theodp writes: "This program aims to provide all U.S. students the opportunity to participate in computer science (CS) and computational thinking (CT) education in their schools at the K-12 levels," explains the synopsis for the NSF's new $20 million Computer Science for All Researcher Practitioner Partnerships program that was teased by the White House earlier this month. "With this solicitation, the National Science Foundation (NSF) focuses on researcher-practitioner partnerships (RPPs) that foster the research and development needed to bring CS/CT to all schools. Specifically, this solicitation aims to provide high school teachers with the preparation, professional development (PD) and ongoing support that they need to teach rigorous computer science courses, and K-8 teachers with the instructional materials and preparation they need to integrate CS/CT into their teaching." And in case anyone's unclear as to what 'for all' means, the NSF explains it thusly: "In order to ensure that advances in computing education are inclusive of our diverse student populations (the 'for All' part of 'CS for All'), proposals on either strand must address, in a significant manner, the longstanding underrepresentation in computing. Groups traditionally underrepresented or underserved in computing include women, persons with disabilities, African Americans/Blacks, Hispanic Americans, American Indians, Alaska Natives, Native Hawaiians, Native Pacific Islanders, and persons from economically disadvantaged backgrounds." The NSF's singling-out-by-omission of Asian and White boys in its CS for All grant program evokes memories of a $1 million dollar Google grant program called Promoting Introductory CS for All that offered up to $4,000 in DonorsChoose credits to high school teachers who got students other than Asian/White boys ("girls, or boys who identify as Black, African American, Native American, or Latino") to complete either Codecademy or Khan Academy’s 15-hour intro to computer science course. Wording similar in spirit to the Google and NSF grant programs (i.e., "female students, minority students, English learners, children with disabilities, and low-income students who are often underrepresented in critical and enriching subjects,") found its way into the K-12 CS-inspired sections of the Every Student Succeeds Act, a tech-backed sweeping rewrite of the No Child Left Behind Act that elevated CS to the same status as other K-12 academic subjects when it comes to funding. Interestingly, in a recent ACM blog post — How We Teach Should Be Independent Of Who We Are Teaching — CS prof and former NSF program director Valerie Barr took a more inclusive view of 'for all', suggesting that discussions of what we should be doing in the CS classroom that are silent on the subject of White/Asian men are problematic. "We have to use varied content and pedagogies regardless of whom we see in the room and work to connect to what students know or care about," Barr argues. "This approach will guarantee that all students, including those from the groups that currently dominate computing, will be exposed to a rich, multi-faceted, view of computing, be better equipped to address the challenges of the field, and be better equipped to work collegially within a diverse workforce."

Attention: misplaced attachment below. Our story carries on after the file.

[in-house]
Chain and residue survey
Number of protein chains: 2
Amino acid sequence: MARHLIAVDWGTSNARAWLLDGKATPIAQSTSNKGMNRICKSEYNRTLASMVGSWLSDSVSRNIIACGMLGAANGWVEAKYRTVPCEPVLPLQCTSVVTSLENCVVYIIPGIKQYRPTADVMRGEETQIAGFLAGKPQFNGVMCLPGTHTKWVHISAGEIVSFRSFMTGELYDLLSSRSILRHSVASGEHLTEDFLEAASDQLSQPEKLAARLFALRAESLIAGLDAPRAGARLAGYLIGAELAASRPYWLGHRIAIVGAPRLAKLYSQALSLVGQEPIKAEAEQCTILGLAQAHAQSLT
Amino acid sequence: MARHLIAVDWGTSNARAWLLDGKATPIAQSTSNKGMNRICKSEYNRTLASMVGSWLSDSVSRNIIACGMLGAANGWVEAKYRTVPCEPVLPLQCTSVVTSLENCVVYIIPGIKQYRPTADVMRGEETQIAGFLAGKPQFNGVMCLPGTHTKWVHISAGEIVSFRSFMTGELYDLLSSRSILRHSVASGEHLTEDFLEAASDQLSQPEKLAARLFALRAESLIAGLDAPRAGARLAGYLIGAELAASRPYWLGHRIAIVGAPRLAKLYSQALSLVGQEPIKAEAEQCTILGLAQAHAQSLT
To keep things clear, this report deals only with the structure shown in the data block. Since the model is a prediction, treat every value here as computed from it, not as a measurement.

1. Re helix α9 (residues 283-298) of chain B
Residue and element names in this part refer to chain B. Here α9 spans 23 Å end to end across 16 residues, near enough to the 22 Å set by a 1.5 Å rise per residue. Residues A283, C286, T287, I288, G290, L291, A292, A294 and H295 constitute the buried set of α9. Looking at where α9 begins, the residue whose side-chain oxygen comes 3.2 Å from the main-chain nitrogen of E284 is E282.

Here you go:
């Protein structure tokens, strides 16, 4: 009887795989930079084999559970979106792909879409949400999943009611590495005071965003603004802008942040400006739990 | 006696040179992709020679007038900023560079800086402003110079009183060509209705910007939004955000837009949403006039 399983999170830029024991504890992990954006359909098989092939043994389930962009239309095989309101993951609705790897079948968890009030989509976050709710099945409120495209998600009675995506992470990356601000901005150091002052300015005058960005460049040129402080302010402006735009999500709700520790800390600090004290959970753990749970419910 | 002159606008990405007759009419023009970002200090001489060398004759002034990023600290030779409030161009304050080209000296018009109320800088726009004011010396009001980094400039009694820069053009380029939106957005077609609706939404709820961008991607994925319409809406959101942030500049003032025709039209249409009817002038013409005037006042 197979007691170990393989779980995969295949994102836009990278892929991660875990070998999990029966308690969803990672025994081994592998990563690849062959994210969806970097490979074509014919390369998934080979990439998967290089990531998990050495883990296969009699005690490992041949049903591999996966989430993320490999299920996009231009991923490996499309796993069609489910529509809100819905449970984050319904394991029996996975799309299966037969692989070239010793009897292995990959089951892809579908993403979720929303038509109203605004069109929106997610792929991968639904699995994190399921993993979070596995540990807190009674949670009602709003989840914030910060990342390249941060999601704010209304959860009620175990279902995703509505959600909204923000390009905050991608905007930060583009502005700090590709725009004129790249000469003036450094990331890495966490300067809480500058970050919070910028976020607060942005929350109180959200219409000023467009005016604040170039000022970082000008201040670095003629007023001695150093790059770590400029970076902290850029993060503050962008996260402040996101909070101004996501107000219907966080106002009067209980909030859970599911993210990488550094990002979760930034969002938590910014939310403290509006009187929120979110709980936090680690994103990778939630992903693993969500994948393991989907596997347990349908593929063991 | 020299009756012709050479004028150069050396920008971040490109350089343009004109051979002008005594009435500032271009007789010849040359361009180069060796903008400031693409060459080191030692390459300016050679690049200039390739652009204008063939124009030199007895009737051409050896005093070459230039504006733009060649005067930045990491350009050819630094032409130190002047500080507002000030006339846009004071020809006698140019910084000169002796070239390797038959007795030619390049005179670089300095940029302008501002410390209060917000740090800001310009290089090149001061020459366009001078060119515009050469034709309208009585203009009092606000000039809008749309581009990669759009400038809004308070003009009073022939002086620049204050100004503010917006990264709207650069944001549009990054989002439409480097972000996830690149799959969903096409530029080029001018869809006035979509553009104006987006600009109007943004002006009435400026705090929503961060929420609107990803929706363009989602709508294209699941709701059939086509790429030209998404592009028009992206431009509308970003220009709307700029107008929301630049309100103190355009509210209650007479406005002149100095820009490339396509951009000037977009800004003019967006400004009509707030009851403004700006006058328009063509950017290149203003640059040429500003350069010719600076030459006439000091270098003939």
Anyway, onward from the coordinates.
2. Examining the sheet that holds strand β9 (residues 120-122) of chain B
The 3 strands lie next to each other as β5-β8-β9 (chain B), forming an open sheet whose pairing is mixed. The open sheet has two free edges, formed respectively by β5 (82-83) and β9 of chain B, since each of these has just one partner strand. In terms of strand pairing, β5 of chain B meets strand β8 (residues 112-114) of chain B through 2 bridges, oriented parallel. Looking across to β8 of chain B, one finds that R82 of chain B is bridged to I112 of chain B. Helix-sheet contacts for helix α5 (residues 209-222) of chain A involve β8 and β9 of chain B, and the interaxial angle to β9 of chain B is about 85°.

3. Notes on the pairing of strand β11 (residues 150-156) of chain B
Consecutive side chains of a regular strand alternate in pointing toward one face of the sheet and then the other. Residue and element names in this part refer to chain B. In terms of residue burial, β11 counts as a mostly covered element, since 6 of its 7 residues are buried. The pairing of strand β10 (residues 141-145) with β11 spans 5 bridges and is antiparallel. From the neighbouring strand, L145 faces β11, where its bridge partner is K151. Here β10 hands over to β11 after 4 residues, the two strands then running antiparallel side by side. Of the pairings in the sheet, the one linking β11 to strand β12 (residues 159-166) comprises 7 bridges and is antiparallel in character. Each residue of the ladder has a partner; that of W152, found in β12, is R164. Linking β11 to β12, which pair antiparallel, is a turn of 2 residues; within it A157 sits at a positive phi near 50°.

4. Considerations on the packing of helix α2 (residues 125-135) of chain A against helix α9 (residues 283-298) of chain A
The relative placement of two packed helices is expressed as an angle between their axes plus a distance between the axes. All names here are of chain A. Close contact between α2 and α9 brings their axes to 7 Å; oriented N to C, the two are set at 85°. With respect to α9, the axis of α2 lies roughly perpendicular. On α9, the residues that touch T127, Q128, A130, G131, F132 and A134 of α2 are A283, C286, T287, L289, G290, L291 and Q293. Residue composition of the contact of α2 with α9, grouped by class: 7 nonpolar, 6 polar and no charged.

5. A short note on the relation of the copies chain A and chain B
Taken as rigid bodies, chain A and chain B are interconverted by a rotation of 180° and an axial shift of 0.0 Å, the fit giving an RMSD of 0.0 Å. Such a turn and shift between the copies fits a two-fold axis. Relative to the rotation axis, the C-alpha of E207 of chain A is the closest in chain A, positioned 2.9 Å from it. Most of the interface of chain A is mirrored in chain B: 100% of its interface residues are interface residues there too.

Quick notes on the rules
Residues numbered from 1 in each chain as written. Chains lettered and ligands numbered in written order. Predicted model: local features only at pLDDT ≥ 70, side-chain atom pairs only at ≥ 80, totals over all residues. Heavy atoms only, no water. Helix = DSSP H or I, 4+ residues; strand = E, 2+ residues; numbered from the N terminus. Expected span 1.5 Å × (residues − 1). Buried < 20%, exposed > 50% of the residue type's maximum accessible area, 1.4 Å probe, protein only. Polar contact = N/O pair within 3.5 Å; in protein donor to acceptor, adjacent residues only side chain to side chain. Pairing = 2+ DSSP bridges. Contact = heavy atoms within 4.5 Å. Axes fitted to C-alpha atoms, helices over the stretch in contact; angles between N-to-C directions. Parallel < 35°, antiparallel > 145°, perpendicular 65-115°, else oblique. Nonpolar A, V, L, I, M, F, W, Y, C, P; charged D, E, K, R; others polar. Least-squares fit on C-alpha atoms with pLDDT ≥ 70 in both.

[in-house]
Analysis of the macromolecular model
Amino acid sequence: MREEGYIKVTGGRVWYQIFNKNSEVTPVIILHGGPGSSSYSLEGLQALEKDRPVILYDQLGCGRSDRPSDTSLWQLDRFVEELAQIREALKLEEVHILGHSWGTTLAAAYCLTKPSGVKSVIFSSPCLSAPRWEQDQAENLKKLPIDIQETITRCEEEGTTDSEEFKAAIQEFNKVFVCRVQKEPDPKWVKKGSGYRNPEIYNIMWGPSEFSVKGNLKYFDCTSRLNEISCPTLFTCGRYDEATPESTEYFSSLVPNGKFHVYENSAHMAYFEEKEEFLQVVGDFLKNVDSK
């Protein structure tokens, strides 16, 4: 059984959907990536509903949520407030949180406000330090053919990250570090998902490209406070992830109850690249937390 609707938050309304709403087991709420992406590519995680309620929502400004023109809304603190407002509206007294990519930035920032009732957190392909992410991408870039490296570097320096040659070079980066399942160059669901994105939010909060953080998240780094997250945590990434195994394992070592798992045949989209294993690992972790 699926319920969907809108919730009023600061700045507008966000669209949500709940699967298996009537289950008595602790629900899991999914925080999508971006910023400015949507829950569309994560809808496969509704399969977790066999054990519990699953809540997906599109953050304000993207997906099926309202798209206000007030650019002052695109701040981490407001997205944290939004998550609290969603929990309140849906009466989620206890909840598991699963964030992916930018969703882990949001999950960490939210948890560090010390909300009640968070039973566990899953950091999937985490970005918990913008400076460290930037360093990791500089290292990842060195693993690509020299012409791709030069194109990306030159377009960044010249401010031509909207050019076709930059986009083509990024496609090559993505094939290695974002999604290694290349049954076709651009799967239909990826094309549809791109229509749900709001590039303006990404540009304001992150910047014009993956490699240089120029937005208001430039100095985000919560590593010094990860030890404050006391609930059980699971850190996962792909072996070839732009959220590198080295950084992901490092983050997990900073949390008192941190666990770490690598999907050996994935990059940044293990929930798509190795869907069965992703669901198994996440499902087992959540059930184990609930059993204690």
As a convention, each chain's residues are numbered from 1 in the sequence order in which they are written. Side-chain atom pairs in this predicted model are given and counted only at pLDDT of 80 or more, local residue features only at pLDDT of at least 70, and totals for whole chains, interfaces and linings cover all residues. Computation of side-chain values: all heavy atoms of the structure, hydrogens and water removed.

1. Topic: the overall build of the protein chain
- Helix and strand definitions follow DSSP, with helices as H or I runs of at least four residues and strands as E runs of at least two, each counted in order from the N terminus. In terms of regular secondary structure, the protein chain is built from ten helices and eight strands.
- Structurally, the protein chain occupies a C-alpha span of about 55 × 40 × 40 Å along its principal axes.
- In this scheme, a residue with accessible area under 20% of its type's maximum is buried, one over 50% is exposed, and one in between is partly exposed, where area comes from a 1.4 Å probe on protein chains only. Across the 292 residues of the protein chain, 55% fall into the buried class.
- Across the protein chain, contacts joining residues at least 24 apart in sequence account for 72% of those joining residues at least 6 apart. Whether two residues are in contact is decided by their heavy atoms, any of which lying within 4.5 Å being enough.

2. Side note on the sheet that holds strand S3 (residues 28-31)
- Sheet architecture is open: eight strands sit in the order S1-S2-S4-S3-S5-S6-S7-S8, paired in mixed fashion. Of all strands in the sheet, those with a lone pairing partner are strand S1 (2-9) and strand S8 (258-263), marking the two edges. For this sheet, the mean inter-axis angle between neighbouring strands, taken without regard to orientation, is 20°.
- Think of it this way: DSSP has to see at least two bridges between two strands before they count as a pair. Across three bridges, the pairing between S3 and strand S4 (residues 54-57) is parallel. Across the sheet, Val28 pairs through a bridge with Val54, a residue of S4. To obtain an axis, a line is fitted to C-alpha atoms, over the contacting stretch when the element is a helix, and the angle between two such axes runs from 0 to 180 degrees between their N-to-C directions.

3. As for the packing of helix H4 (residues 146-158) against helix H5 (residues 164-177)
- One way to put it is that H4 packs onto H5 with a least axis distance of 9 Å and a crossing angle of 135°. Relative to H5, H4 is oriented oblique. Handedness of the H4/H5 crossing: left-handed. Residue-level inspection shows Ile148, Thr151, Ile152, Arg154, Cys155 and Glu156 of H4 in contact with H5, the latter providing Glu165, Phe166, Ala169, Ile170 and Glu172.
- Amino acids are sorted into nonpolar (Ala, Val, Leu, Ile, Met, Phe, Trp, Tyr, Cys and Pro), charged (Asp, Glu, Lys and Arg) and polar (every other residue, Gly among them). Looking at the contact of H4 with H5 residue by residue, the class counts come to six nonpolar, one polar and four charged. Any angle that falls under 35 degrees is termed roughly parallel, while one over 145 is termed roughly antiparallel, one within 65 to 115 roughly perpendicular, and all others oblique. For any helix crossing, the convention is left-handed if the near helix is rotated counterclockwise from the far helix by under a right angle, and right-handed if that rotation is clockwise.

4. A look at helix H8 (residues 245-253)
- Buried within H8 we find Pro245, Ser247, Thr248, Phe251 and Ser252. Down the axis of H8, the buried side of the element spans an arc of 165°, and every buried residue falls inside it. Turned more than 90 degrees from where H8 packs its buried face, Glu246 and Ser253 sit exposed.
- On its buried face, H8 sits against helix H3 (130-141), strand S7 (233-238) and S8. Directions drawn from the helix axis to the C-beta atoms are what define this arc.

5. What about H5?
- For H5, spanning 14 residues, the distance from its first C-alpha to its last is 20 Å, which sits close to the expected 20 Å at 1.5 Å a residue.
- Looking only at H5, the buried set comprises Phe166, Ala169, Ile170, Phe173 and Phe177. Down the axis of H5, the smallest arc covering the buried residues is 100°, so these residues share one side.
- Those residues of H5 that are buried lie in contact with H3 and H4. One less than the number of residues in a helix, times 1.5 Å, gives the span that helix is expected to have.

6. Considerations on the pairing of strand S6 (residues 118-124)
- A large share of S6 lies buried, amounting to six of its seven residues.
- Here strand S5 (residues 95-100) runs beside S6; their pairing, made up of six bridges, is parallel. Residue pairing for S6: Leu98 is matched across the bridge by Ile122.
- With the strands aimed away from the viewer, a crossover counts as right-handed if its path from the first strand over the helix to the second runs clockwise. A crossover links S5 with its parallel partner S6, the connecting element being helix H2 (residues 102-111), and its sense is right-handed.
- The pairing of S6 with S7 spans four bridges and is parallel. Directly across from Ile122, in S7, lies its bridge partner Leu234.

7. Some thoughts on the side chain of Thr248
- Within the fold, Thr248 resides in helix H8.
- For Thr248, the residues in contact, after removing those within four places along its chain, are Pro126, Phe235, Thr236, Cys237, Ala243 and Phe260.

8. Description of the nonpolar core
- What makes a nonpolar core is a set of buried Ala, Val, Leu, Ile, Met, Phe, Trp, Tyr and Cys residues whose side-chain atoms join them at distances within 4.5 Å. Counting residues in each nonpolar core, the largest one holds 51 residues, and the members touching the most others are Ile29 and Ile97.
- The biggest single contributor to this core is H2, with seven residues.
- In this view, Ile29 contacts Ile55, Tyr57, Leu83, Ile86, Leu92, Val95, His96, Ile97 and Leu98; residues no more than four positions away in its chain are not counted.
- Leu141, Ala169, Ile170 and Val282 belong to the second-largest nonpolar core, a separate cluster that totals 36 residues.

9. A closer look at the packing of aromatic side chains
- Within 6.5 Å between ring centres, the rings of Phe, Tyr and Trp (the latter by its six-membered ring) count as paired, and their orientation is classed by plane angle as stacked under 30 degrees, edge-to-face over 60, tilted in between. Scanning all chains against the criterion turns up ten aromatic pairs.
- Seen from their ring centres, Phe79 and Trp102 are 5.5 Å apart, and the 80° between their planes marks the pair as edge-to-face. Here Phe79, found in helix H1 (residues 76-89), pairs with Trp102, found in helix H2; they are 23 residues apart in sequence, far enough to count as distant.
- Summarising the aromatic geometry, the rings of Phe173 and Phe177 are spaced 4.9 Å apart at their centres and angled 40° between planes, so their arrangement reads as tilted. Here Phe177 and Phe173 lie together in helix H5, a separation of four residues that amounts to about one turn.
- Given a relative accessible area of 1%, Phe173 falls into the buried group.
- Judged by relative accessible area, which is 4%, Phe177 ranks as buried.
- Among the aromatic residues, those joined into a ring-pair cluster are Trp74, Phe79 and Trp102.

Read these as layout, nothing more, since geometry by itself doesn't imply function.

Comment Re:Um (Score 2) 492

You (and the summary) leave out some significant info.

First - They've done this to him multiple times since September, knowing he has siesures Second - They've threatened to murder him, even left things on his doorstep Third - They broke into his Daughters school, leaving messages addressed to him threatening his daughter.

Details are important, and this is far past the line for being able to prosecute criminally for harassment and threatening harm.

Gonna need some sauce on these.

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The price one pays for pursuing any profession, or calling, is an intimate knowledge of its ugly side. -- James Baldwin